Daisy Nashipai Mepukori receiving award from Dean Jamal
Dean Amaney Jamal and Daisy Nashipai Mepukori. (Photo credit: Egan Jimenez)

Daisy, known as Nash, is originally from Nairobi, Kenya. She earned a bachelor’s degree from Duke University with a double major in global health and international comparative studies. She is passionate about strengthening health systems to enable people in low- and middle-income countries to live longer, healthier, more productive lives. Before coming to SPIA, she worked at Global Health Strategies, where she played a central role in building up the organization’s presence in East Africa. At SPIA, she concentrated in international development and earned a certificate in Health and Health Policy. Nash describes herself as a “passionate feminist and women’s rights activist.” Appropriately, she was one of three co-chairs of the students’ Gender and Policy Network. Last summer, she completed her MPA internship with the Global Fund. Her goal is to lead Kenya’s Ministry of Health.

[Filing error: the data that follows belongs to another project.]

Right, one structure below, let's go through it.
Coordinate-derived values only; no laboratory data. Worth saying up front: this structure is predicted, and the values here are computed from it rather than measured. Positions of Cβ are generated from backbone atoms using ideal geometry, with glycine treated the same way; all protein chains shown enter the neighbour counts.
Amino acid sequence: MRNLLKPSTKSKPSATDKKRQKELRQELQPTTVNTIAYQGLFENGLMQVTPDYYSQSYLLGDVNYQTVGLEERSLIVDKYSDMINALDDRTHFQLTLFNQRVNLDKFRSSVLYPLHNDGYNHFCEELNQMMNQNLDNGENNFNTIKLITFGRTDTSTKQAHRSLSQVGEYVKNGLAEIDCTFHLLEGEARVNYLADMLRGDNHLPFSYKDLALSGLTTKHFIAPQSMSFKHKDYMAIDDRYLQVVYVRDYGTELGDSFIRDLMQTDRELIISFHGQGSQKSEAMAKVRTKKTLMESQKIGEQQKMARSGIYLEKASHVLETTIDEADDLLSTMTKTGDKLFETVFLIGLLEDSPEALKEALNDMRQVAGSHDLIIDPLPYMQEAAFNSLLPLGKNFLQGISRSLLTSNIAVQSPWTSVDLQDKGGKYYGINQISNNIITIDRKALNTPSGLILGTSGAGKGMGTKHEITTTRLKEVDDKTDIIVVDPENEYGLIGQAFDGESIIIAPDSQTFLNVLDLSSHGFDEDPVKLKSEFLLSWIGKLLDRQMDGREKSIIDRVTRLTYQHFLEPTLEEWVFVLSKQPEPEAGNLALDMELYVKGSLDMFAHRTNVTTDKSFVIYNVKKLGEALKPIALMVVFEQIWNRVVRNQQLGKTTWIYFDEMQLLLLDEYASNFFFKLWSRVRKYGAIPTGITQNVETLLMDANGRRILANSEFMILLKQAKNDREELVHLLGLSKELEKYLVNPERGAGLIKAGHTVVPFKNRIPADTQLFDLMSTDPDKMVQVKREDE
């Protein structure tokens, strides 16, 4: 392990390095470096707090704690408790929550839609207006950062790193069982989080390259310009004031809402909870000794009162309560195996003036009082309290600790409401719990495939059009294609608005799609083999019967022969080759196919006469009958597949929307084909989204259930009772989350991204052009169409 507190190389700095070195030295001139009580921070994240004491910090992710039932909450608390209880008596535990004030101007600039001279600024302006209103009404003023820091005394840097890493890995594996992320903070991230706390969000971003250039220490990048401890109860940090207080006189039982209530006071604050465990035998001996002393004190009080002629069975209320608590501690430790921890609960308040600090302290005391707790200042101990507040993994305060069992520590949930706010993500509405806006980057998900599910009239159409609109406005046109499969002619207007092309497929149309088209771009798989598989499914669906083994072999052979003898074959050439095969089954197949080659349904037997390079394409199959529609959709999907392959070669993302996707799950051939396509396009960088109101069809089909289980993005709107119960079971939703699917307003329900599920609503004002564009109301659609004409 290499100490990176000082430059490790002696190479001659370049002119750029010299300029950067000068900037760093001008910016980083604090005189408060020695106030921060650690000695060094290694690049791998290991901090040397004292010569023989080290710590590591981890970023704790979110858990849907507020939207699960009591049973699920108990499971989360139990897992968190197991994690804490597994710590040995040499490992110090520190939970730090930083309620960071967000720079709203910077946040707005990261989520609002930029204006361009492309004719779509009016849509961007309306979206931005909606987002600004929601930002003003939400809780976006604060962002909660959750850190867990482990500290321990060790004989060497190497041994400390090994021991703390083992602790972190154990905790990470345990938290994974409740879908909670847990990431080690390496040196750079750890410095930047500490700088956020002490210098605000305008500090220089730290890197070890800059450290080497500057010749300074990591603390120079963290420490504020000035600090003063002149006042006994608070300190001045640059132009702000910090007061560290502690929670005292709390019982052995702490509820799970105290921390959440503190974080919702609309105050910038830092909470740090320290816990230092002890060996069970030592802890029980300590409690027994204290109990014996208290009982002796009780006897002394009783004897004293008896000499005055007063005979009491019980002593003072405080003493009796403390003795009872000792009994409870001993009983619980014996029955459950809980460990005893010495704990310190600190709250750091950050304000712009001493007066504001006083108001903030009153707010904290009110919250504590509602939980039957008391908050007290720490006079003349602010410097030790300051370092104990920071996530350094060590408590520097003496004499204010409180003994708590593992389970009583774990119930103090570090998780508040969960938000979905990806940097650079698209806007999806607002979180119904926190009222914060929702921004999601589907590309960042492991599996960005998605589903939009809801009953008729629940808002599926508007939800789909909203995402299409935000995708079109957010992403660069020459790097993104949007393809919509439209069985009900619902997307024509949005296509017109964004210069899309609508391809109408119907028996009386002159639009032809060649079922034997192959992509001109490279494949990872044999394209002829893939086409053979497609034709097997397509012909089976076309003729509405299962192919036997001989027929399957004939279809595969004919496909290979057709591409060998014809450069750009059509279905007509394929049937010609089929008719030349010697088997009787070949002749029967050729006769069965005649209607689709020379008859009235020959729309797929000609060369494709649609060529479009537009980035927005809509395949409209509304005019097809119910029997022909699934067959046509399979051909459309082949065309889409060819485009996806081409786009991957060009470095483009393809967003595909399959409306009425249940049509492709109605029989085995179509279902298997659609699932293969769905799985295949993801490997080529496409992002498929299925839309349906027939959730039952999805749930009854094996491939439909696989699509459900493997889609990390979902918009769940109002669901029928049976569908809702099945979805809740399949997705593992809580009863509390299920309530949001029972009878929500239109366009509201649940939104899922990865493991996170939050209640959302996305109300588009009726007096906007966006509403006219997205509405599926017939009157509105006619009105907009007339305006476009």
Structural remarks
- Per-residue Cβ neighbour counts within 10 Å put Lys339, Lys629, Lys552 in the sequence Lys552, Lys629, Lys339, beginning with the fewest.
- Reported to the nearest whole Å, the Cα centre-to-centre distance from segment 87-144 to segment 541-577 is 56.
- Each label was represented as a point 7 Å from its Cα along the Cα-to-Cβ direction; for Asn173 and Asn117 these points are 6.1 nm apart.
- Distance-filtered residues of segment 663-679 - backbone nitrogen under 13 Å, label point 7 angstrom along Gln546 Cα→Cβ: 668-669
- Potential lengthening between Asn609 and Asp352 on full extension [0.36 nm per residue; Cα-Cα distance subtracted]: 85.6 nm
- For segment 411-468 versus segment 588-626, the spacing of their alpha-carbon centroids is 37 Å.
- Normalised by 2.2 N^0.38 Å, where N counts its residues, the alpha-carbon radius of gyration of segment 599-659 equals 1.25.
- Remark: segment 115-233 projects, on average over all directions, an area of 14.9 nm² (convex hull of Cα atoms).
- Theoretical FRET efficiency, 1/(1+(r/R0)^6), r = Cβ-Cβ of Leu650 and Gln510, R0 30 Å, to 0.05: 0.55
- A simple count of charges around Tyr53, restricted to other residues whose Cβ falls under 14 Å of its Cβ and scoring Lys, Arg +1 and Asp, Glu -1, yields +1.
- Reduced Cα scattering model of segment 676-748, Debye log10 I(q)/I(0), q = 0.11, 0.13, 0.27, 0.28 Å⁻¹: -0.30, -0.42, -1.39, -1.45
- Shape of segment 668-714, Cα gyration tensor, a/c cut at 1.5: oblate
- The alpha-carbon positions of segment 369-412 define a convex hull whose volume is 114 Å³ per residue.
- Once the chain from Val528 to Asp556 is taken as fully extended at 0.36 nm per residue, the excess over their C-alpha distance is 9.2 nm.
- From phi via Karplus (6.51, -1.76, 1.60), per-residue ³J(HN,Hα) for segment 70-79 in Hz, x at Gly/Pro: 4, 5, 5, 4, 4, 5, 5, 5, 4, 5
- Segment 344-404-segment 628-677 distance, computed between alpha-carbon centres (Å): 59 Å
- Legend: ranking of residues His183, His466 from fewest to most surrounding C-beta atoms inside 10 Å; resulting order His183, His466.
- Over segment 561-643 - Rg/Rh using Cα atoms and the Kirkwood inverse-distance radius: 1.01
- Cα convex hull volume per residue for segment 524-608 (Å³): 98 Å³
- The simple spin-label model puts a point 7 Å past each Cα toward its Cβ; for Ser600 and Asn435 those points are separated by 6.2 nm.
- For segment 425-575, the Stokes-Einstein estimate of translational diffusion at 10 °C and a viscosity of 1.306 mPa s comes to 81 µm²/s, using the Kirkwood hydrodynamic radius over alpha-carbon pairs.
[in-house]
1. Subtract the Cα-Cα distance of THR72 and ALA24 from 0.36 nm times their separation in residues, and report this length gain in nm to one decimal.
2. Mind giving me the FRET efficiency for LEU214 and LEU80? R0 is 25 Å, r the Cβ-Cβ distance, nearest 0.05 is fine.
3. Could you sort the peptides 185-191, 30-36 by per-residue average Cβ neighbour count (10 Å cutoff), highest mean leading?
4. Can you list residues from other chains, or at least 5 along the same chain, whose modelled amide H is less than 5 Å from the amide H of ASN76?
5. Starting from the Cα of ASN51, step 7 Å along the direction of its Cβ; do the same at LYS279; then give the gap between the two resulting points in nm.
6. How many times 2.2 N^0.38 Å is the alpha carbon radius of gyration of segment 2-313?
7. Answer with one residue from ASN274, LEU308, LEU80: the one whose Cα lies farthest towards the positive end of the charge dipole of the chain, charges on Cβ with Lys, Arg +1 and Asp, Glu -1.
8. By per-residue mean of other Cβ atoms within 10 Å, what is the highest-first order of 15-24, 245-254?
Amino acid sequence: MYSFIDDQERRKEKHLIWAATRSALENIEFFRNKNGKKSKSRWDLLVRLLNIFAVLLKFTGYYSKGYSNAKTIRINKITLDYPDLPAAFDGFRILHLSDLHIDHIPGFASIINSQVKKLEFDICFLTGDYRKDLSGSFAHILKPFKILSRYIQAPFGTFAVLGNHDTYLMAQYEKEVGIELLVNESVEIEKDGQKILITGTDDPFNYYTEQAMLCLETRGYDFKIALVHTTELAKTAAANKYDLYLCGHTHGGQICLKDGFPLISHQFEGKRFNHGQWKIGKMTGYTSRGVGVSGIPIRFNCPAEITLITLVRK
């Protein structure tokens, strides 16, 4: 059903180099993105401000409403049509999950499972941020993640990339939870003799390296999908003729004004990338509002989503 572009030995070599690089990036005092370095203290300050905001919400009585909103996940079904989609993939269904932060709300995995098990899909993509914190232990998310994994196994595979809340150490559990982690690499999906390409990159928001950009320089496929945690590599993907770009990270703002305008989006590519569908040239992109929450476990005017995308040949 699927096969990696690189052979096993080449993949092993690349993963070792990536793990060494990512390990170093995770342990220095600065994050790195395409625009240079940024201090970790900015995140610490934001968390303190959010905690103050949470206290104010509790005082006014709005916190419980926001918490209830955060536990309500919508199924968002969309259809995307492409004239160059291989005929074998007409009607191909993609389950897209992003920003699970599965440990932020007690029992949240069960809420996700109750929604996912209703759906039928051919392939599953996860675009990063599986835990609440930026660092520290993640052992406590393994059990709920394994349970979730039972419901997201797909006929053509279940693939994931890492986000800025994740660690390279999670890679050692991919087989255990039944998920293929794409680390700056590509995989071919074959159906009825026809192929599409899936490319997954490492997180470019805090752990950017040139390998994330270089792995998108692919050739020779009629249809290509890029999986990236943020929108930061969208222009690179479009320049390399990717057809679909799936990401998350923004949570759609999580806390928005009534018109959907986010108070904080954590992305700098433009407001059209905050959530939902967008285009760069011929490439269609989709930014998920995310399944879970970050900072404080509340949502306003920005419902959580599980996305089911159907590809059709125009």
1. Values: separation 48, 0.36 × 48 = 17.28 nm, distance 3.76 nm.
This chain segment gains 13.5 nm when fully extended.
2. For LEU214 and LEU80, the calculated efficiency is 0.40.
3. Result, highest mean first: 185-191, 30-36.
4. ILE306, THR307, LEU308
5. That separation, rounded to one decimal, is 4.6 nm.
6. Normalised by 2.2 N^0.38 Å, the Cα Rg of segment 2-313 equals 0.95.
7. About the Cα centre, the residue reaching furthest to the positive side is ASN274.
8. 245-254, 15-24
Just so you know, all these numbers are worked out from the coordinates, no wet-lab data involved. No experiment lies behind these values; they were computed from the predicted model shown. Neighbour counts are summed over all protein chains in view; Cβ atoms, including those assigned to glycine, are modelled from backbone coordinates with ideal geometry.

Amina Johari receiving award from Dean Jamal
Dean Amaney Jamal and Amina Johari. (Photo credit: Egan Jimenez)

Amina was born in Kenya but spent most of her childhood in the Northeast U.S. She received a bachelor’s in international affairs, with concentrations in conflict resolution and international development, from George Washington University. Following graduation, she worked at the Department of State’s Foreign Service Institute in the political training division, supporting the Department’s negotiations courses. Later, Amina joined the Peace Corps and served as a secondary school teacher in southern Tanzania. At SPIA, as co-chair of Students and Alumni of Color, she organized the fall retreat and the spring symposium for two consecutive years. Last summer, she interned at Abt Associates, where she supported the implementation of USAID projects across the African continent. Amina has accepted a permanent position at Abt as a project manager on the East, Central, and Southern Africa team. Having personal ties and extensive experience in sub-Saharan Africa, she hopes to continue dedicating her career to issues of relevance to the region, particularly education and climate adaptation.